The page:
Over the years, the NIAF has pro­posed, drafted and de­vel­oped several laws, stan­dards and po­lices which are cur­rently at dif­fer­ent stages - some have al­ready been en­acted while some are in draft mode. “Among the laws, cur­rently only the E-com­merce Law has been pub­lished and en­acted.

The Cy­ber­crime Law, a MOI Project, is in the ap­proval stages. As you prob­a­bly know, this is a very sen­si­tive law; and rest as­sured we want to make the in­ter­net safe with­out mak­ing peo­ple afraid to use such tools as an enabler to cre­ative thoughts and knowl­edge ac­qui­si­tion. The other laws wait­ing to be rat­i­fied are the Data Pri­vacy Pro­tec­tion Law and the CIIP law.”

The Qatar Na­tional In­for­ma­tion As­sur­ance Pol­icy is “a com­pre­hen­sive man­ual that cov­ers tech­ni­cal and process-re­lated aspects of in­for­ma­tion se­cu­rity. This is based on ISO stan­dards but lo­calised tak­ing into con­sid­er­a­tion the coun­try's unique­ness - cul­ture, sources of na­tional in­come, in­dus­tries,” Is­mael says. “Right now it is manda­tory but not en­forced be­cause we are work­ing to build ma­tu­rity around the im­por­tance of com­pli­ance. But this will form the corner­stone of ev­ery or­gan­i­sa­tion's ISMS (in­for­ma­tion se­cu­rity man­age­ment sys­tem) which is what we are all work­ing for.” The truth of the mat­ter is that re­sis­tance is nat­u­ral, es­pe­cially in busi­ness which tend to only look at re­turns on in­vest­ment, Is­mael says. “ROI is not ob­vi­ous when it comes to in­for­ma­tion se­cu­rity and it is hard to put a mone­tary value on se­cu­rity in­ci­dents and push for some­thing based on prob­a­bil­i­ties and what-if sce­nar­ios.” This is why it is more ef­fec­tive to ed­u­cate com­pa­nies and in­di­vid­u­als, rather than en­force com­pli­ance, so that they recog­nise the need for these guide­lines and adopt them will­ingly.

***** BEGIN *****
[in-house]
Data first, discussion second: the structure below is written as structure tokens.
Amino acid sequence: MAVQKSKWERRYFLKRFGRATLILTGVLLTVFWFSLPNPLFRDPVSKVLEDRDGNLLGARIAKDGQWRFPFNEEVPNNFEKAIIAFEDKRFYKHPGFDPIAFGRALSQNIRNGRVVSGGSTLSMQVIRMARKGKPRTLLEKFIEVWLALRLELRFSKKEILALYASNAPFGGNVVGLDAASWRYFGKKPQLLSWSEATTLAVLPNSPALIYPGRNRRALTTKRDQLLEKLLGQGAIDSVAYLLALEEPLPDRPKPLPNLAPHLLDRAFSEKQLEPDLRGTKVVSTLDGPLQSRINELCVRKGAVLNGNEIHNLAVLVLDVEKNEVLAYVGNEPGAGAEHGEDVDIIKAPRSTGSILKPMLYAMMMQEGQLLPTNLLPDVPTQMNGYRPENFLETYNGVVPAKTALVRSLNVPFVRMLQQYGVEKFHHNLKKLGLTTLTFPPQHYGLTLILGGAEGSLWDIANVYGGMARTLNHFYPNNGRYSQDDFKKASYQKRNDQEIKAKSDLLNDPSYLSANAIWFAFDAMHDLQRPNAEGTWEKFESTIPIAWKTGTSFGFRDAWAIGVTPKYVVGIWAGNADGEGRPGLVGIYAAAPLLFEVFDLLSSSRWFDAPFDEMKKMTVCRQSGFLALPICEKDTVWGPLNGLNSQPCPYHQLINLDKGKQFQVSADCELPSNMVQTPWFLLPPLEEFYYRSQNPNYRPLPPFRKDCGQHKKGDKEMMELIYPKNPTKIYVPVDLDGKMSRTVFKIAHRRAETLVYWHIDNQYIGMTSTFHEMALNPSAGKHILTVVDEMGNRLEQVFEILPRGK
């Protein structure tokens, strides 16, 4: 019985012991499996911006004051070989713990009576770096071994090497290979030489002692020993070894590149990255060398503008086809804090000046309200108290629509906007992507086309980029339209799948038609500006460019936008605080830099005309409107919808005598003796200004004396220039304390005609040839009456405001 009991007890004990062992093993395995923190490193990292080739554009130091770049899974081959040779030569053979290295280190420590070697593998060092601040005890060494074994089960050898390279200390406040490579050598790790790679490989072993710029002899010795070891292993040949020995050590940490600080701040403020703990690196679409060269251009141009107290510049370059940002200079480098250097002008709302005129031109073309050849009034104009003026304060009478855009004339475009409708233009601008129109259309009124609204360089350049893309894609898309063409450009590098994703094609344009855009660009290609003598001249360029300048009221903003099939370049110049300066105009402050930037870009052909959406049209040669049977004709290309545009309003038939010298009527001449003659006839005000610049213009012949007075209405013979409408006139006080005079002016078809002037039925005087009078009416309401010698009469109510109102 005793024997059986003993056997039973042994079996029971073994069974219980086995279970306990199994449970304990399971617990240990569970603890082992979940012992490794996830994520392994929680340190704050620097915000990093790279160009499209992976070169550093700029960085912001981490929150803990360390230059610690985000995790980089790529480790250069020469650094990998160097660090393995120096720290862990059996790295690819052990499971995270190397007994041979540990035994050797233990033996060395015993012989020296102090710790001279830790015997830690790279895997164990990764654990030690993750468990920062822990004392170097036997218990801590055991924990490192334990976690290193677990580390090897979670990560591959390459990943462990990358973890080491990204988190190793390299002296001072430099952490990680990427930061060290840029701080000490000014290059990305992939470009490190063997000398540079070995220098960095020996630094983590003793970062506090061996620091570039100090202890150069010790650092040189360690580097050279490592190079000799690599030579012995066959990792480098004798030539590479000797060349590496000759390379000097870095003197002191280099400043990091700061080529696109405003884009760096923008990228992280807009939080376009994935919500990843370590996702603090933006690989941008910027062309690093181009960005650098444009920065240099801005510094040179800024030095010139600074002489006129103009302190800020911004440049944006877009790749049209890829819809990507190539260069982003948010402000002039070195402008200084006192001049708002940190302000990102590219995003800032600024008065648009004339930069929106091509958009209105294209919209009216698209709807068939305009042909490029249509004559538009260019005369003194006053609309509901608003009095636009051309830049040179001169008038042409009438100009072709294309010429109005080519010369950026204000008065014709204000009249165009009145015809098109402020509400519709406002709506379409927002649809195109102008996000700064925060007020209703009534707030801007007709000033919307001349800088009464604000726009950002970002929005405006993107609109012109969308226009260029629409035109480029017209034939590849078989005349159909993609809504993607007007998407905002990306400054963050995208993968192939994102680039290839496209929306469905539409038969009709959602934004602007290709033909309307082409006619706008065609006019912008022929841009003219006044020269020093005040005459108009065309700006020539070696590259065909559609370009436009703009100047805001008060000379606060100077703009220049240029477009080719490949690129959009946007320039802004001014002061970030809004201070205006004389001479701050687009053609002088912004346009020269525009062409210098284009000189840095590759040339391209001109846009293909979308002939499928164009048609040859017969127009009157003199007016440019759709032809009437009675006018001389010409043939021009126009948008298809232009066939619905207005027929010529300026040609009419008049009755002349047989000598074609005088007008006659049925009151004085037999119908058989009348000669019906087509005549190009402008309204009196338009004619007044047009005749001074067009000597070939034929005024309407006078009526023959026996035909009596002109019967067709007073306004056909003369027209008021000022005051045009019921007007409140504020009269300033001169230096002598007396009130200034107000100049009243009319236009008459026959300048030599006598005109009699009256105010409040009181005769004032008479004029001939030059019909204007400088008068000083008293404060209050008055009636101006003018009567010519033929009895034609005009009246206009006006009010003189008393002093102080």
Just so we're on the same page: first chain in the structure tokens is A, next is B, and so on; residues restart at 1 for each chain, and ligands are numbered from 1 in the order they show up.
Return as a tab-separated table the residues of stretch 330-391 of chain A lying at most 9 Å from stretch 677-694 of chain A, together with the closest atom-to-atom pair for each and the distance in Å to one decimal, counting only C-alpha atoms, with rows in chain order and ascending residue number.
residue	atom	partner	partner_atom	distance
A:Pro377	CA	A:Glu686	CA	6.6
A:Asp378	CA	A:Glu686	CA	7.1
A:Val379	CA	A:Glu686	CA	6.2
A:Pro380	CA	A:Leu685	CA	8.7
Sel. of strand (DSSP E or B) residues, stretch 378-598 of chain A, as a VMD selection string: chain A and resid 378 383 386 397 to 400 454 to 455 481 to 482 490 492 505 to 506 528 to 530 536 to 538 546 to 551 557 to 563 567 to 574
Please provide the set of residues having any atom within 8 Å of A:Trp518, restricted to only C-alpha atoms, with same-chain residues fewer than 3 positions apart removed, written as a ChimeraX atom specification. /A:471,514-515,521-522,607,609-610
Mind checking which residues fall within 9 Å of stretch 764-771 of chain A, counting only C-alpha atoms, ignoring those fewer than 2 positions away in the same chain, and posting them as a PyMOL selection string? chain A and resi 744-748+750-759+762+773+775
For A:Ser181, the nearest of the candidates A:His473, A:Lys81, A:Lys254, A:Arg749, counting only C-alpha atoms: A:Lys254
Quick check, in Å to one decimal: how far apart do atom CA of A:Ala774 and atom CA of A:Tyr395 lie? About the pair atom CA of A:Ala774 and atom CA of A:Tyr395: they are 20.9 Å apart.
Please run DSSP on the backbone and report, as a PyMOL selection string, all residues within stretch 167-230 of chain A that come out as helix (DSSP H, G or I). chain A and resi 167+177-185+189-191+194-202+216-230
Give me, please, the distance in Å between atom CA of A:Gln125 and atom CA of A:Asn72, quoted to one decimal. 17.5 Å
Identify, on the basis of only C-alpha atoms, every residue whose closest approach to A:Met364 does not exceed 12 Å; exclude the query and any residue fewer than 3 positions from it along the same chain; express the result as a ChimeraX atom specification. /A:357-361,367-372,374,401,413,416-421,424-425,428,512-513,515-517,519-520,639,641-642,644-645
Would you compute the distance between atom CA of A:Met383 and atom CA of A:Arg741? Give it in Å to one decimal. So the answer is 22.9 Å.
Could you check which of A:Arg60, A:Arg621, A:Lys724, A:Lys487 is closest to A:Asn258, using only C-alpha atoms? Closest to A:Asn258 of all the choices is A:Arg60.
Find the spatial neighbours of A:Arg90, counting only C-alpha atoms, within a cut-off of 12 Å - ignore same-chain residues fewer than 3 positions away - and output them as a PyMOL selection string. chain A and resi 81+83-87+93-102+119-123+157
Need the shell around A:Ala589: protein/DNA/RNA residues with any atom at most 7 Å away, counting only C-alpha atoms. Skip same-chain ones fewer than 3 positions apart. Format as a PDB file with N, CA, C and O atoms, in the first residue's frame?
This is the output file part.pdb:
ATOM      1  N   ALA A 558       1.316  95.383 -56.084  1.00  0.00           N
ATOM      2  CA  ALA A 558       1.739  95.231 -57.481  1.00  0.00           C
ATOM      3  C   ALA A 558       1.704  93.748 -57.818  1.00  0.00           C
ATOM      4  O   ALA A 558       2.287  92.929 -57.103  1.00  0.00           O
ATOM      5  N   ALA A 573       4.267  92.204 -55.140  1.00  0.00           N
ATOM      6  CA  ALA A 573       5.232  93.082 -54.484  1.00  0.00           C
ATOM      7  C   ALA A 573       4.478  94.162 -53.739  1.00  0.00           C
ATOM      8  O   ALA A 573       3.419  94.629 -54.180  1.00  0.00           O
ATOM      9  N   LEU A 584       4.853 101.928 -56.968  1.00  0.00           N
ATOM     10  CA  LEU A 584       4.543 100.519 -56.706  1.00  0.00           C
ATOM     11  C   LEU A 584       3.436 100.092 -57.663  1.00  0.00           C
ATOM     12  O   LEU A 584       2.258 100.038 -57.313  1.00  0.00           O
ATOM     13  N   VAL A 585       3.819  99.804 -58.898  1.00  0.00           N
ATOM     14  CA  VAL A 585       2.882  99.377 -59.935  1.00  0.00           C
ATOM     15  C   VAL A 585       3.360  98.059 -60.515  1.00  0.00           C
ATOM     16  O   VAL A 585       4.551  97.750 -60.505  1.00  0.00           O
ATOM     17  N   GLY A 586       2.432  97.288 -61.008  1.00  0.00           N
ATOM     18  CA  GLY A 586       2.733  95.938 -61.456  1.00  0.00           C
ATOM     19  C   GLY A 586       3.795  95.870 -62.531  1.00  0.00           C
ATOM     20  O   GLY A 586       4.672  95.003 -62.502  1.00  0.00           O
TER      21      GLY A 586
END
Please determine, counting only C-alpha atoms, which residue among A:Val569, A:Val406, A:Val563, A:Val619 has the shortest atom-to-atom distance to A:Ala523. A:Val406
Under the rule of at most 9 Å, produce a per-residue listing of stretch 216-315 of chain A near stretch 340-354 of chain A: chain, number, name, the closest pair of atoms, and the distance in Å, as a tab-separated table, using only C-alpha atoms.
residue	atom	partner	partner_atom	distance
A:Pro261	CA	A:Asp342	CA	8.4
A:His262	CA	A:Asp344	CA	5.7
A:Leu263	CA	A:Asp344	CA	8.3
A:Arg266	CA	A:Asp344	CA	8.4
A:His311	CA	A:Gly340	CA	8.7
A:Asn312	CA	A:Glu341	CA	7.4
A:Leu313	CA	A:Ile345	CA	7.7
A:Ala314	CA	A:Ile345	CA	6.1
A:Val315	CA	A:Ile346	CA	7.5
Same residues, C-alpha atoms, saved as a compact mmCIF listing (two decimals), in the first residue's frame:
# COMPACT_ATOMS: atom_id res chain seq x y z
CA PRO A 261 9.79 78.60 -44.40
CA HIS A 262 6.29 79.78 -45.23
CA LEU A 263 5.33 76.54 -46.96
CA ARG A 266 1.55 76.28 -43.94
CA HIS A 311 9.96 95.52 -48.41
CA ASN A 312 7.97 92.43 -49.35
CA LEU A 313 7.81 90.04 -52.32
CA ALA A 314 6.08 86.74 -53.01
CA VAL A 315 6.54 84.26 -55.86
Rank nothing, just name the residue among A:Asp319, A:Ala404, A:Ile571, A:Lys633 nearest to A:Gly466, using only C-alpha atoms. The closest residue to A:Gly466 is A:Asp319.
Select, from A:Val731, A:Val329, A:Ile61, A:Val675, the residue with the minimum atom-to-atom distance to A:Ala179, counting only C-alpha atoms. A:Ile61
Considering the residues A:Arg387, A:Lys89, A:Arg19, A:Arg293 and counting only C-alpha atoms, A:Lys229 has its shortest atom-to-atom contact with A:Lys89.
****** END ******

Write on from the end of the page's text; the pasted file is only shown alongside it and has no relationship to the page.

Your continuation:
The devel­op­ment of each of these stan­dards, based on ex­ten­sive study, re­search and for­ward-think­ing that keeps in mind the new threats cre­ated by adop­tion of new tech­nol­ogy, is a struc­tured process, Is­mael says. “Once the first draft has been drawn up, it is sub­mit­ted for in­ter­nal re­view. Then we in­vite stake­hold­ers from the in­dus­try to re­view it and col­lect feed­back.” The cy­cle is re­peated un­til a prac­ti­cal ver­sion of the reg­u­la­tions has been ar­rived at, ap­proved and pub­lished. But the work doesn't end there. “All of the stan­dards are re­vised ev­ery year; some­times even more than once, es­pe­cially when emer­gency up­dates are needed.”